Sunday, August 9, 2015

Presentation at the VI Annual Conference “The Paths of ROCA in the modern world.”

vl-agafangel-2.jpgThe internal organisation of Christians at the present time is the most central issue in the life of the Church today - it even becomes a question of the church’s survival. Our unity has been strengthened, but in exchange for this, we see and experience centrifugal forces which oppose unity. This is happening to such a degree that this force is ready to literally tear us to pieces at any time, and permanently at that.

What are the elements driving this separation today? Basically, these are quite insignificant things: differing views on politics; superficial ecclesiological disputes; power ambitions of certain people; concerted work of our enemies; stubbornness of influential groupings (mini-sects within, which are constantly engaged in hindering and obstructing the action of the clerical hierarchy); the conscious or unconscious ‘name-of-God-worshiping’ heresy, (behind which is opposition to any clerical hierarchy, a kind of “Orthodox anarchism”). All this exists on the basis of misunderstanding the dogma of Church unity. This is what is evident on the surface. Each one of these issues can be examined further in detail, but this is not the core issue, the most important thing. Instead, I will try to point out what we can do to oppose these generally destructive trends. Of course, the One Who is capable of defeating evil and uniting all genuine Christians is, first and foremost, Christ the Saviour Himself, and thereafter, the Orthodox faith, hope and love. And also their mother – Wisdom, or in other words, sobriety in everything. What is demanded of us is our worthiness of this help from on high.

The early Christians – as is well known – lived completely independently of civil authorities – for them there did not exist frameworks of state and national borders. They lived as self-contained communities, with their inner life and laws. They had a clear-cut division between what was “of God” and what was “of Caesar”. The fact that the Lord did not come as an earthly king – as everyone had hoped – characterized their entire lives. There is not even a hint that early Christians were somehow attracted by worldly civil power. (This is in stark contrast to the majority of the Jewish people, who were anticipating their political leader, and to whom the Christians were – possibly – some kind of traitors and betrayers). It can be assumed that this is one of the important reasons why the Jewish people did not follow Christ. Christians did not even seek to influence the civil power. Possibly, the words of the Apostle Paul: “Let every soul be subject unto the higher powers. For there is no power but of God: the powers that be are ordained of God.” (Rom. 13:1) dictated, partly, an attitude of indifference and ascribing absolutely no significance to any civil authorities. For indeed, worldly power was something to which the early Christians were totally indifferent. They preached the Resurrection of Christ – regardless of class, social and national differences. They expanded their community up to practically all the then-existing known national borders, while at the same time, they were not troubled at all about the civil and political structure of the countries in whose territories they lived.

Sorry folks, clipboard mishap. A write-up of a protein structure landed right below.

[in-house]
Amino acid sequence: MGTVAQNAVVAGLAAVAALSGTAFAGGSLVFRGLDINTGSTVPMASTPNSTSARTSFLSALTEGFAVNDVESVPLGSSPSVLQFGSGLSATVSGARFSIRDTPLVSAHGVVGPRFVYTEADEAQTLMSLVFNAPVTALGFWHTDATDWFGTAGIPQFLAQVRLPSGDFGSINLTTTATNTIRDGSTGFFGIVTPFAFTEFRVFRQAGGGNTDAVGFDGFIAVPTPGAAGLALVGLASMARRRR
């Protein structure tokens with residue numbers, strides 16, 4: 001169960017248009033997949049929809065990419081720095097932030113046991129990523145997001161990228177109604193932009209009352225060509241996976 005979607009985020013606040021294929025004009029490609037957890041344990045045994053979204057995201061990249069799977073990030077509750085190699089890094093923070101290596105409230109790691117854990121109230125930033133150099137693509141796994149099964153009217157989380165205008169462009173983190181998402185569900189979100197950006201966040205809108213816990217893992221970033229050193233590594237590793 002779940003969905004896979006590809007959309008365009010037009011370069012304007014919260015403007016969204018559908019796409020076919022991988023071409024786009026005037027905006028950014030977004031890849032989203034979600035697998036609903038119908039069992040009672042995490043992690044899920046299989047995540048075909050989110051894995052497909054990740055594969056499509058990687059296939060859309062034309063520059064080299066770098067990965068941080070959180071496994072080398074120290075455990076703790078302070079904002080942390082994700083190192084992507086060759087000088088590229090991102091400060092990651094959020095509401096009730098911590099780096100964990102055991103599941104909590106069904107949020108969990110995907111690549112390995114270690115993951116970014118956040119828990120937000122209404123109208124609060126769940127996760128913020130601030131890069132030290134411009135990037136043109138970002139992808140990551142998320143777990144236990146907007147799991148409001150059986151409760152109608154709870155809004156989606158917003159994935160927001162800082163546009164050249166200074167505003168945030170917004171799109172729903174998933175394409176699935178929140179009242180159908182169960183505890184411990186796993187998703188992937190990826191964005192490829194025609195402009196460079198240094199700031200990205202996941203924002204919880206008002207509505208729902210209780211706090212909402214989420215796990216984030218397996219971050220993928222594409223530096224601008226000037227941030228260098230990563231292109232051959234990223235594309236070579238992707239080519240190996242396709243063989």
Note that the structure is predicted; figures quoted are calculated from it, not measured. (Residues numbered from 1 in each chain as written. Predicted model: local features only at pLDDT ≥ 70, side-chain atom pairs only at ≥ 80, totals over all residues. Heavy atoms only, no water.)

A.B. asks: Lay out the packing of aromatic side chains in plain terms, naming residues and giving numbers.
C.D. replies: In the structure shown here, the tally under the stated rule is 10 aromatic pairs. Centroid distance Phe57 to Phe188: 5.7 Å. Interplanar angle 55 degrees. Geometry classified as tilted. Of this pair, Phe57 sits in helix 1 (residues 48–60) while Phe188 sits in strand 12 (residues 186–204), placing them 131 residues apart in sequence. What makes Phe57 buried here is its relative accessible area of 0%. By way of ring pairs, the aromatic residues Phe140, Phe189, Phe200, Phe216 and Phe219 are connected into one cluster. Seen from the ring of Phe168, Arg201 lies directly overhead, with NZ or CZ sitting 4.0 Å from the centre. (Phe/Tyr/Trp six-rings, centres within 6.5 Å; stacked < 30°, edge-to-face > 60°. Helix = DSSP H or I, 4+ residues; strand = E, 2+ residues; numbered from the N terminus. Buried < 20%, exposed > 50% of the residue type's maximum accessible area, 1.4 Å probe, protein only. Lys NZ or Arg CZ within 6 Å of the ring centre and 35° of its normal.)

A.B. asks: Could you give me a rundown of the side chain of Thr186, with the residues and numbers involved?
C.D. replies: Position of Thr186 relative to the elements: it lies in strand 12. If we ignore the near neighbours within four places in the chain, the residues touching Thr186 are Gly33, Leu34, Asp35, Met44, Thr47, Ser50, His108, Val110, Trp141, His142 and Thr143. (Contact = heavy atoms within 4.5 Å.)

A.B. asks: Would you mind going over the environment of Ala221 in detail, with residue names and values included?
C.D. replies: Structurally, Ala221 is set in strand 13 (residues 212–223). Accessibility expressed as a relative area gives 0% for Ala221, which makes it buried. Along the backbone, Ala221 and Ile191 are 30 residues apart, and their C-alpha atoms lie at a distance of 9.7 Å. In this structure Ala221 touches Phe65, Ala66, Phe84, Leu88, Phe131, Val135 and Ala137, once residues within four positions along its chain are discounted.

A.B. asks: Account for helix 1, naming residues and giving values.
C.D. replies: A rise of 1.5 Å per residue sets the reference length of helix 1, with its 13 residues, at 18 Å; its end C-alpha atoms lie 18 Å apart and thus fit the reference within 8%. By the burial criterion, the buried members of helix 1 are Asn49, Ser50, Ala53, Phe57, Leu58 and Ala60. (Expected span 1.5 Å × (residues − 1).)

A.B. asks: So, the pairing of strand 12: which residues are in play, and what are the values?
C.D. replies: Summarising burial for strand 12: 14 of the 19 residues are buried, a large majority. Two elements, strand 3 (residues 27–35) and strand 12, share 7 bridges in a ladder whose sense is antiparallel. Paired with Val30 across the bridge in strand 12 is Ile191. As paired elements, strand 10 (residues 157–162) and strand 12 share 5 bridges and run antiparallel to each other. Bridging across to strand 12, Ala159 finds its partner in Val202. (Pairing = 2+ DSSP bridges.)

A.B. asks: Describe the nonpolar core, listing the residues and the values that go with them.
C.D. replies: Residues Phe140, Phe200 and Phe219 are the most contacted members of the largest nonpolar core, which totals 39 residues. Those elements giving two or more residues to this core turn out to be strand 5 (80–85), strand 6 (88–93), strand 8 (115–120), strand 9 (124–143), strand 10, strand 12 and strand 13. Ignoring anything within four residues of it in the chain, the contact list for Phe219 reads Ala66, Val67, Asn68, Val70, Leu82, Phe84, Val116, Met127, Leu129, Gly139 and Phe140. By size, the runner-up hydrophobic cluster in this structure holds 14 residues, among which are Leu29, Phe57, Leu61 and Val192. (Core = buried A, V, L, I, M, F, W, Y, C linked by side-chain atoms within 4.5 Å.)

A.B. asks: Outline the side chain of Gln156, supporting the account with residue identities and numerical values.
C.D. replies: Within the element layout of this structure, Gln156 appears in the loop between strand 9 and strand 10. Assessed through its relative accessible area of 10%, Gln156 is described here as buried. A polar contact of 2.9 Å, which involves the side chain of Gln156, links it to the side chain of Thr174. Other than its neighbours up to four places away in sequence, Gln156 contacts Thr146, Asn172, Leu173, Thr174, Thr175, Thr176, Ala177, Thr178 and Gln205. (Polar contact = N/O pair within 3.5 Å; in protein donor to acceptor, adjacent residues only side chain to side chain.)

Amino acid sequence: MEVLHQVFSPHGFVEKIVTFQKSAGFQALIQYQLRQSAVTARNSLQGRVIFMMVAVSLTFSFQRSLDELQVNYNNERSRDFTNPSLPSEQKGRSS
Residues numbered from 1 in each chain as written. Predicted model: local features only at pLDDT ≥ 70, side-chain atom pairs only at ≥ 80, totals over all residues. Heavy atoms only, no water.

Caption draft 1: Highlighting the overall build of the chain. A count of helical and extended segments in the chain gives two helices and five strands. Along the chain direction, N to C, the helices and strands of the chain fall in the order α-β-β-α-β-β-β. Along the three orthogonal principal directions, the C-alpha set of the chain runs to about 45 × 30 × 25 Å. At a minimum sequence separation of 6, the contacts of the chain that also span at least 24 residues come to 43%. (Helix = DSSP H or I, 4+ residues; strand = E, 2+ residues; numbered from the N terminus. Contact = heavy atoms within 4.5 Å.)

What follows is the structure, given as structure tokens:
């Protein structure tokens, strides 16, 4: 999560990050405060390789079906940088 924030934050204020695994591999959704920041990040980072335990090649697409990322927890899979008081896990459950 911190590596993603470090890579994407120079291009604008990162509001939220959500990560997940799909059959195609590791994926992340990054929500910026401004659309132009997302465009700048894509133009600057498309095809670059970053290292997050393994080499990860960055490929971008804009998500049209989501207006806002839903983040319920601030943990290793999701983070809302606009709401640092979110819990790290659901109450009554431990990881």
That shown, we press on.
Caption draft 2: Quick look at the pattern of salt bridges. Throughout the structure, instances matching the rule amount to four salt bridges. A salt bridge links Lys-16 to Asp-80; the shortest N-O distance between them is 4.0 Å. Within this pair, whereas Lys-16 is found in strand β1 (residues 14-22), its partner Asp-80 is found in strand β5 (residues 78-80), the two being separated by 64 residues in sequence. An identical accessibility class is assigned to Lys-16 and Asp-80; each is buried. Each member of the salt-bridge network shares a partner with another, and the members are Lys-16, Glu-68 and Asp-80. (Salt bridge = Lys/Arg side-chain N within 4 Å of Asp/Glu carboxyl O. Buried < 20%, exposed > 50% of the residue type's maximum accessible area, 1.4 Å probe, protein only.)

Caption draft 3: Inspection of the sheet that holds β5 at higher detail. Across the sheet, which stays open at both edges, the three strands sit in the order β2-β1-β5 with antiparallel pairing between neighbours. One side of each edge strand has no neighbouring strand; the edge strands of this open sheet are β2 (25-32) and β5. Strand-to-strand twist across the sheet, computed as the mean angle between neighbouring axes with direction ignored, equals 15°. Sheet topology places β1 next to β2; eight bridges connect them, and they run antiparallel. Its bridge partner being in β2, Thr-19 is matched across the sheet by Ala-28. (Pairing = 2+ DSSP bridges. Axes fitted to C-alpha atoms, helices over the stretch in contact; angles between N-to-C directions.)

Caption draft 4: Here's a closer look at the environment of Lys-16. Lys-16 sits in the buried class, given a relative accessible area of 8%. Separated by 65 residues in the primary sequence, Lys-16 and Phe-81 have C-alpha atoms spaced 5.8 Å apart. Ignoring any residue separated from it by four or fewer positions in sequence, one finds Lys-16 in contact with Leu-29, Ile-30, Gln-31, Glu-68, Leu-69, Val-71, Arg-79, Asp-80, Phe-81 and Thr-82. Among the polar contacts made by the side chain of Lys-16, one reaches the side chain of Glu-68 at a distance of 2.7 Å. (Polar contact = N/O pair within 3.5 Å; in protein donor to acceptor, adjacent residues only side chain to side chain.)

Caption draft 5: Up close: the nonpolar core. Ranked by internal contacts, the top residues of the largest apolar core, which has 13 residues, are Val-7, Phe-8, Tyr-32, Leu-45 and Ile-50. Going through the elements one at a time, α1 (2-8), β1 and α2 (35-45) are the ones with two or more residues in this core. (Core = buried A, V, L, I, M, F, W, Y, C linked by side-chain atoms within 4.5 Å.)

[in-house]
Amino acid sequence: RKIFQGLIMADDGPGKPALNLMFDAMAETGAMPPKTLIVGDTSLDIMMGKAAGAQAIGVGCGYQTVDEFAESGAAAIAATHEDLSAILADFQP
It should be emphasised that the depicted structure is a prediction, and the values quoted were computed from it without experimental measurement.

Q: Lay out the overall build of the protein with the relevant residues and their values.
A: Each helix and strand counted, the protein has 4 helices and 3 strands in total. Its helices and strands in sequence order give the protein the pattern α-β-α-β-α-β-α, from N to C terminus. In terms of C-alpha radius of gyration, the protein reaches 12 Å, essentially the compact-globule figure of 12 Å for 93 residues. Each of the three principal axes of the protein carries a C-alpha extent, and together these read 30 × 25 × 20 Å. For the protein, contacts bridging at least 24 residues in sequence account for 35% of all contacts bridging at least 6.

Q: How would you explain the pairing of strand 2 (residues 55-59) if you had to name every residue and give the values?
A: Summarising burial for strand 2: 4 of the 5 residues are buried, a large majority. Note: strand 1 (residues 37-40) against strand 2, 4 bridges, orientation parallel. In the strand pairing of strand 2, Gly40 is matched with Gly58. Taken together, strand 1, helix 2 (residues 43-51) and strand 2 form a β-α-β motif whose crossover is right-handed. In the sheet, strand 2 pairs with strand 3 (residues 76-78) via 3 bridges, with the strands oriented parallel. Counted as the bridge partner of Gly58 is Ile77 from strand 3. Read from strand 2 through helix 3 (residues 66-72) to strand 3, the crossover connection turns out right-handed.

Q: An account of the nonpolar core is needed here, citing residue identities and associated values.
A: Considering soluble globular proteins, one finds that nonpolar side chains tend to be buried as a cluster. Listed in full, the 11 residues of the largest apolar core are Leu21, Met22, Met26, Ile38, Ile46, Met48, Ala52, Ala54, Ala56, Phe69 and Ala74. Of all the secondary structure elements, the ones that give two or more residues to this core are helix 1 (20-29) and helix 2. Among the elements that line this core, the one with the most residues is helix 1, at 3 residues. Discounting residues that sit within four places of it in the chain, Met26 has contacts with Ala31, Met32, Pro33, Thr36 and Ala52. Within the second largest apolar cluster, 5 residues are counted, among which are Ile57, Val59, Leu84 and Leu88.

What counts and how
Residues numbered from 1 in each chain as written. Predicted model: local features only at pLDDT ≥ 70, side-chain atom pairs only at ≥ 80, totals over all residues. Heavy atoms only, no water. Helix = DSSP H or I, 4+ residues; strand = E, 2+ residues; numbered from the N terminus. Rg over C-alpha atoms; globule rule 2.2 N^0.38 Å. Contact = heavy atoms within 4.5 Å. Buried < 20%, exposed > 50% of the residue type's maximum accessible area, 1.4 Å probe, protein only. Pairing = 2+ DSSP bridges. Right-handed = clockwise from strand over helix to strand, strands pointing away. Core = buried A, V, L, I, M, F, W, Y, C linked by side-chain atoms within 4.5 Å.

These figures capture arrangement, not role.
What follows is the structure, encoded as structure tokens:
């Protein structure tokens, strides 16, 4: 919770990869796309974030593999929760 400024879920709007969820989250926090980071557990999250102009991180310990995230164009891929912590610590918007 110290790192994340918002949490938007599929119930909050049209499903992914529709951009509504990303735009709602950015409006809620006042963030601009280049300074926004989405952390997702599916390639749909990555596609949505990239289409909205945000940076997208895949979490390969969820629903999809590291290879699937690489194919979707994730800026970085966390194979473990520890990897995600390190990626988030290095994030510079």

However, the early Christians did have their own internal discipline and organization. The people of the Church were ruled by bishops and priests. Even so their clerical rule was basically limited to preaching and spiritual supervision. Overseeing everything were the Apostles and, thereafter – the first bishops. They resolved difficult questions at general meetings, that is, through common consent, or – as they say nowadays – conciliarly. Those who lived in prosperity, raised money for those who were poor. They did not have that power-structure which later was invented by the [Roman] Catholics, making the Pope a civil ruler, attempting to subdue all the other Christians and ordinary citizens. We can say that the interest in purely civil “levers of power” first appeared only in the Roman Church, and – possibly – that interest played a negative role in the process of the Papacy’s falling away from the fullness of the Church.

In the IV century, the state power became Christian. This was a development Jesus actually never called for, and – one may say – He did not even bless by His example, as he renounced earthly lordship. As a result, many people who were far removed from Christianity entered the Church. Under these conditions, the genuine Church – in its essence – was forced to flee into the desert, forming monasteries around Spirit-bearing ascetics. From then on, monasteries essentially replaced the communities of the early Christians. Just as the groups of early Christians were headed by Bishops, the monasteries were headed by an abbot, who was not always even of clerical rank, who had his assistants, responsible for the various aspects of monastic life. Monasteries – like the early Christians – did not aspire to civil power – on the contrary, their very existence was caused by a departure, a flight from this. Their household was of a closed-type and – often – was completely independent of other economic structures. The monasteries had strict discipline and “obedience in labour”, inasmuch as they had to provide for themselves, for their sustenance and property. Property was in fact something they practically did not have, either in the form of dedicated collective property or “private property”. In the same way, these were not a reality with the early Christians because of the persecutions. Nevertheless, civil authorities who considered themselves Christian, began to “patronise” the monasteries. As a result, for example, in Russia, this patronising made the monasteries completely dependent on civil power. In our country [Russia], the same process occurred as for example in the Holy Land or on Mount Athos – monastery estates were built with the help of civil authorities, and were later populated by monastics. Churches (and the Christian communities around them) were built in the same manner. However, this was already very different from the early Christian community. We see – no matter how zealously genuine ascetics sought to withdraw from the world, the world, as a rule, overtook them.